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Does Ignoring One’s Illness actually Improve Mental Health?

Latest By Bhadra Kamalasanan , Onlymyhealth editorial team / Jun 18, 2014
Does Ignoring One’s Illness actually Improve Mental Health?

Researchers have tried to find out through their study if not doing that one has a disease can really boost mental health or not.

A new study has revealed that those people who do not know that they have health problems tend to rate their own health as being good, though their self-image worsens when they discover that they have a medical condition.

depressionOn the basis of a large population survey that was conducted in Norway, the authors of the study say that the increased usage as well as availability of screenings, widening diagnostic criteria and more sensitive tests can lead to unexpected harm because poor self-rated health can be related to a greater risk of death.

Even though early detection of the disease is important for treatment, the authors said, disease labeling can lead to problems as this may lead to the person’s perception being altered as a result of his/her own well-being.

Pal Jorgensen, who led the study and is a public health researcher at the Norwegian University of Science and Technology in Trondheim, said, “We know ever more people are being labeled, owing to more screening, lower diagnostic thresholds, commercial - and non-commercial – health campaigns and so on. Self-rated health is shown, several times, to be inversely associated with mortality”.

He added, “It is also an important aspect in the increasing attention and discussion of overdiagnosis; people being labeled with disease, but where treatment does not lower mortality”.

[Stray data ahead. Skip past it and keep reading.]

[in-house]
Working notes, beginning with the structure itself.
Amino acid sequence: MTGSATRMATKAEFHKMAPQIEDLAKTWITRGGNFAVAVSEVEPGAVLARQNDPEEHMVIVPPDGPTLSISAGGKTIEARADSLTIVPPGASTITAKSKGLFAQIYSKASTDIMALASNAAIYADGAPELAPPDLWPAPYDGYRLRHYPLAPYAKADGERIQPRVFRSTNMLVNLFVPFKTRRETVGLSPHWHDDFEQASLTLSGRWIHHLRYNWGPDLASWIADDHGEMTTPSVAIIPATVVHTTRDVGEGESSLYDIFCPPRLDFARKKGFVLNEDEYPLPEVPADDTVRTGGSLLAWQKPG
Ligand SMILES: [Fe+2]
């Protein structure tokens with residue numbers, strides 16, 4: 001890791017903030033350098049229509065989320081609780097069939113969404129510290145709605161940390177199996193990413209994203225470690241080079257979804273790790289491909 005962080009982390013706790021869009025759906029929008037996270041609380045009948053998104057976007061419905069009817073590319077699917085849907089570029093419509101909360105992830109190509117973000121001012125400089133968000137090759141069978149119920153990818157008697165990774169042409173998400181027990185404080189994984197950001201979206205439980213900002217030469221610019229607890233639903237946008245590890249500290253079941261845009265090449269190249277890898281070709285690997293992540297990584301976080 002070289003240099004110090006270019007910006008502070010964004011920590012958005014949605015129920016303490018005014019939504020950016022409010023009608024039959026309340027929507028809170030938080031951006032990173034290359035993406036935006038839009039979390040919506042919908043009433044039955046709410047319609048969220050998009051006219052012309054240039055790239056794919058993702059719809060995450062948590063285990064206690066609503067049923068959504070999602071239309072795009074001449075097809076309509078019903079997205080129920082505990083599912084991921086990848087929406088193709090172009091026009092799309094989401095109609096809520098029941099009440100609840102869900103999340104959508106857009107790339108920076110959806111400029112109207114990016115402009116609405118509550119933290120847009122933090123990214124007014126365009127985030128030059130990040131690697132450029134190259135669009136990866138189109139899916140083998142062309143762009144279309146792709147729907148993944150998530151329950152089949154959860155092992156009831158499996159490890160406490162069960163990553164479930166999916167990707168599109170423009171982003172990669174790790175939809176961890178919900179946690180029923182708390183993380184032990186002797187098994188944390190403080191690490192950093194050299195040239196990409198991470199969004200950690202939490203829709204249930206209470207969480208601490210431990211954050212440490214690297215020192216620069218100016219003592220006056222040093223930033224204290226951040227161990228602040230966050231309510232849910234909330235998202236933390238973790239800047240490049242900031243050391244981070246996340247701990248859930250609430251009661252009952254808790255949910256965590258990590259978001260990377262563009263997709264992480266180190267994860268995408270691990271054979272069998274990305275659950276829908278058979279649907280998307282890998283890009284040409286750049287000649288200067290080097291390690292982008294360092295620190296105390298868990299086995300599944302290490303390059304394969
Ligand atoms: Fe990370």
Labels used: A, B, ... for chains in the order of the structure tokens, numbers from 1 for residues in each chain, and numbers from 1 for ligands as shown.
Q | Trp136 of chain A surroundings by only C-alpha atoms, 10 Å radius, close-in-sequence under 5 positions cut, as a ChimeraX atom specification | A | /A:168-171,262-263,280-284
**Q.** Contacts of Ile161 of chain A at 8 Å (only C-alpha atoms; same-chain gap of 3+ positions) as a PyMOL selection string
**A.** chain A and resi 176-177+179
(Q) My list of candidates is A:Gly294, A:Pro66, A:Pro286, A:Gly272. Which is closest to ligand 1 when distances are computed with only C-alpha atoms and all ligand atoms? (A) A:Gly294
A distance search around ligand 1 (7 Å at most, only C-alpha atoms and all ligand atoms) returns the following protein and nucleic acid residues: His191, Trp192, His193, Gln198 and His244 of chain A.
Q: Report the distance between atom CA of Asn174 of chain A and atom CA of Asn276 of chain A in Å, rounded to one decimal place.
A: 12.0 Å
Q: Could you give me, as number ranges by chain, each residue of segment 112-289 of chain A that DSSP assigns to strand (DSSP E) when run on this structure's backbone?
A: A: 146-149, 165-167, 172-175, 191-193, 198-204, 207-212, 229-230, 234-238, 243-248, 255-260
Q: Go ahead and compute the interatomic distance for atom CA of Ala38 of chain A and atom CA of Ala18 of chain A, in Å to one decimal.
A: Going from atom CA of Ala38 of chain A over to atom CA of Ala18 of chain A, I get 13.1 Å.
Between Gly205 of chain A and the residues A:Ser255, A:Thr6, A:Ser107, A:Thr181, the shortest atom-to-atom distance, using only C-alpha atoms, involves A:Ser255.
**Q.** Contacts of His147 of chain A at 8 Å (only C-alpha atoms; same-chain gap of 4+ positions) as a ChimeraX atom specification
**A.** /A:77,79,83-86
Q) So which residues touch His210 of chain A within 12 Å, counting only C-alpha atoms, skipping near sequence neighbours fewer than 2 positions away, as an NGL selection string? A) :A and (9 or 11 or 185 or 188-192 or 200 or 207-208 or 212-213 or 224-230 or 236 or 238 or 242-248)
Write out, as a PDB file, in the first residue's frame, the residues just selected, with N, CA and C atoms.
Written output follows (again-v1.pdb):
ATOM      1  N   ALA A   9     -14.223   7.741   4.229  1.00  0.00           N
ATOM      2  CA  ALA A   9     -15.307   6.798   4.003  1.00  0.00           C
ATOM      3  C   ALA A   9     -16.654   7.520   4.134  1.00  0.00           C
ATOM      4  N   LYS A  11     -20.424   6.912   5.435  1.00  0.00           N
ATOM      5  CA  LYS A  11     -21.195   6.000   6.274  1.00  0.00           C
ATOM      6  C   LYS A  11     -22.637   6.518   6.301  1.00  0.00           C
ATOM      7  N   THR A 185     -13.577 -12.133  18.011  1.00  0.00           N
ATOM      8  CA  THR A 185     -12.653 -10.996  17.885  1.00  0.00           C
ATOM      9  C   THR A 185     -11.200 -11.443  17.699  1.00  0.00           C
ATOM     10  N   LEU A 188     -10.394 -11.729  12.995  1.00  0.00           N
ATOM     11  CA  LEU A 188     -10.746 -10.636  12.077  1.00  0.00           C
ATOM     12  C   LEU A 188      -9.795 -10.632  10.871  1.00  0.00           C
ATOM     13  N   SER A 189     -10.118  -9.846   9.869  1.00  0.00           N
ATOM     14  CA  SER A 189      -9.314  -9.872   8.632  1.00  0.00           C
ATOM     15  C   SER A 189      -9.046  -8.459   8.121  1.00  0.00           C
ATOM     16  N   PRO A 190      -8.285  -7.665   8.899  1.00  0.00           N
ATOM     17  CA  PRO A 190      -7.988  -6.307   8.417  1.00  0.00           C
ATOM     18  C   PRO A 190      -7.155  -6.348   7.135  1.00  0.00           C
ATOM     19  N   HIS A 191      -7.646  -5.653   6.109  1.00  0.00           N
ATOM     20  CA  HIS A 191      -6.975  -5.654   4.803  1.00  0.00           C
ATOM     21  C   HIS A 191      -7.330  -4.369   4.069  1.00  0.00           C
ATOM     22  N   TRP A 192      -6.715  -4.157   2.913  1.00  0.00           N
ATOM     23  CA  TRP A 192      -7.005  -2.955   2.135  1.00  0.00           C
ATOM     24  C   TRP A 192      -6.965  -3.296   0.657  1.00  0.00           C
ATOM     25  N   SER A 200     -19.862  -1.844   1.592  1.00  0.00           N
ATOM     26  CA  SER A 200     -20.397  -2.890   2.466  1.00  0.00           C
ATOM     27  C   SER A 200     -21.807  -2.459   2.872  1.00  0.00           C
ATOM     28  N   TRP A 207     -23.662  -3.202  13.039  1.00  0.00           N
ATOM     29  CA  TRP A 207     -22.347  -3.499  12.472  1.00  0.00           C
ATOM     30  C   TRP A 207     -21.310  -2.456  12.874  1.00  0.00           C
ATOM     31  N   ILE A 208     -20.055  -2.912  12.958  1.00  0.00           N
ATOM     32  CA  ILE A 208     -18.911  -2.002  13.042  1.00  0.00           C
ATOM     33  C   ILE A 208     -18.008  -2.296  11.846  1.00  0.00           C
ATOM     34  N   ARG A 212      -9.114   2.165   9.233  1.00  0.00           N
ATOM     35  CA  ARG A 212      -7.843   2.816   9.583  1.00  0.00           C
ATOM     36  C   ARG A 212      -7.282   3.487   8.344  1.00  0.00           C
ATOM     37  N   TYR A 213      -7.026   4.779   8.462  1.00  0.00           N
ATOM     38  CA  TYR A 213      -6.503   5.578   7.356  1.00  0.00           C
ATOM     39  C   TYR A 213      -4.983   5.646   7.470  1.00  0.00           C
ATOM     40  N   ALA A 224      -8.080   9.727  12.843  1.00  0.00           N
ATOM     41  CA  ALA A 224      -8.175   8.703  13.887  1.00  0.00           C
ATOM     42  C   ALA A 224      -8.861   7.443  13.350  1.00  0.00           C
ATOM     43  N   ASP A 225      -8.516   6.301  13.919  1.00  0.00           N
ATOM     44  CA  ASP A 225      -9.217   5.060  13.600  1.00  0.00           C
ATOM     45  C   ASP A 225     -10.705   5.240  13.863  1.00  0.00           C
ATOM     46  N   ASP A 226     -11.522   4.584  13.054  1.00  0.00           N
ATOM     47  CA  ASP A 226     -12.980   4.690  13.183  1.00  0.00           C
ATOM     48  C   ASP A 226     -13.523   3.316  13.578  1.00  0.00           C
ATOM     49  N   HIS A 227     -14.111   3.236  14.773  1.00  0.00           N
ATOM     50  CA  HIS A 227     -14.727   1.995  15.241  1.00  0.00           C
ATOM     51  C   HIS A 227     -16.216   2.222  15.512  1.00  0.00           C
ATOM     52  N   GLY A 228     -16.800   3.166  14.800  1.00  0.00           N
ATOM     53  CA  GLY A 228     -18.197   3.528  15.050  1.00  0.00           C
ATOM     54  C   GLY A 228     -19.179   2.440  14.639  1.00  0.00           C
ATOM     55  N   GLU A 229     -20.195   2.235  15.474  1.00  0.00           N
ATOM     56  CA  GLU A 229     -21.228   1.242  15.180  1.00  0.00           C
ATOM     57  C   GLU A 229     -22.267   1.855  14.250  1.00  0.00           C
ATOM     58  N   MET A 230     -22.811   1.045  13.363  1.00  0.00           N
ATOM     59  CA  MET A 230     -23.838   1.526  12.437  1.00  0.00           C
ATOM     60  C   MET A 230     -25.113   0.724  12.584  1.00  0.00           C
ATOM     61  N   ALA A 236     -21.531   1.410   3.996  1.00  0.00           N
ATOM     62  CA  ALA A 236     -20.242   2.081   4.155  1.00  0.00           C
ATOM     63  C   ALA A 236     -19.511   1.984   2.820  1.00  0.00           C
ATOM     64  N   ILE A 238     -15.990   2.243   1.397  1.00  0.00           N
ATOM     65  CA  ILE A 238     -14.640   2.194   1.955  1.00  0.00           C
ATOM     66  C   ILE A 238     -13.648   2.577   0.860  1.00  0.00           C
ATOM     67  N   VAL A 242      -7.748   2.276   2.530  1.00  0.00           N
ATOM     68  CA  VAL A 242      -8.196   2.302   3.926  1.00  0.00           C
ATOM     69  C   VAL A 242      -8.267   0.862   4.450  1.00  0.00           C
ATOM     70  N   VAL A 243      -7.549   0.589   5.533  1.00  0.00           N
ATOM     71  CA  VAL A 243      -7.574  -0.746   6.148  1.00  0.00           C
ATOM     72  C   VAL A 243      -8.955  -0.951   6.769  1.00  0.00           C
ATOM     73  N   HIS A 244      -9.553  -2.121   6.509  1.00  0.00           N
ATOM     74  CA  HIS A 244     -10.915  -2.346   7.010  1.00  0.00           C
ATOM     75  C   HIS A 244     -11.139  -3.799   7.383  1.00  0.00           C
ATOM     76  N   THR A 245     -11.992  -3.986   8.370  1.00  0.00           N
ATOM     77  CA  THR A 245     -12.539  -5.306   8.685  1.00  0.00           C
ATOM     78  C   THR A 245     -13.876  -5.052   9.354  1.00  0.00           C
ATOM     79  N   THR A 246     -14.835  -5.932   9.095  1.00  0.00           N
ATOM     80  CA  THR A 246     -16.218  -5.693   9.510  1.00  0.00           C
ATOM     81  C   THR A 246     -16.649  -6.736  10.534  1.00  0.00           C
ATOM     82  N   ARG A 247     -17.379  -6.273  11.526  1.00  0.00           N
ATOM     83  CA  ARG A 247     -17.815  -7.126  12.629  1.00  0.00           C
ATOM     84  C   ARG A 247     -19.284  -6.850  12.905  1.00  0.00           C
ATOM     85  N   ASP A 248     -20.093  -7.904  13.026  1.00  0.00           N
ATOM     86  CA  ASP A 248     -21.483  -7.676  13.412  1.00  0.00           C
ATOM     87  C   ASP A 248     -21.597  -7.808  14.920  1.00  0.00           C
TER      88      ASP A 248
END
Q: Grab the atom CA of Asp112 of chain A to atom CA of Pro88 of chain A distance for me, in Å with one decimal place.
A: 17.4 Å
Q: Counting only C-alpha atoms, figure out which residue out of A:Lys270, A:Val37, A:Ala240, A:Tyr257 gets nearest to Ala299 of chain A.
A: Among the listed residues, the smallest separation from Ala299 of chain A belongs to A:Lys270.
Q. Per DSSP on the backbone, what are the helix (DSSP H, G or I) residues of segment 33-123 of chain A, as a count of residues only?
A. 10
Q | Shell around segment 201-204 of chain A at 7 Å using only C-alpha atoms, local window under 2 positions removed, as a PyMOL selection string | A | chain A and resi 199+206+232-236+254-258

Generally, overdiagnosis refers to diagnosing as well as treating early or minor conditions that will probably never have progressed to create a problem. This may include controversial practice of diagnosing pre-disease states, such as a slightly elevated level of blood sugar that falls just a little short of diabetes.

To gauge the effects of being diagnosed with a disease on the person’s perception of his/her own health, Jorgensen along with his colleagues analysed the date of 33, 754 adults between the age group of 40 and 70, who had been surveyed and medically tested in the mid-1990s in Norway.

The researchers found the connections between how participants answered simple questions like “how is your health at the money?” and whether they were aware of having any type of medical condition including thyroid disease, diabetes and high blood pressure.

The researchers had used the medical testing data to determine if people really had any of the three conditions and had found that people who were diagnosed with illnesses were likely to say that they were in good health.

Article source: financialexpress
Image courtesy: Getty
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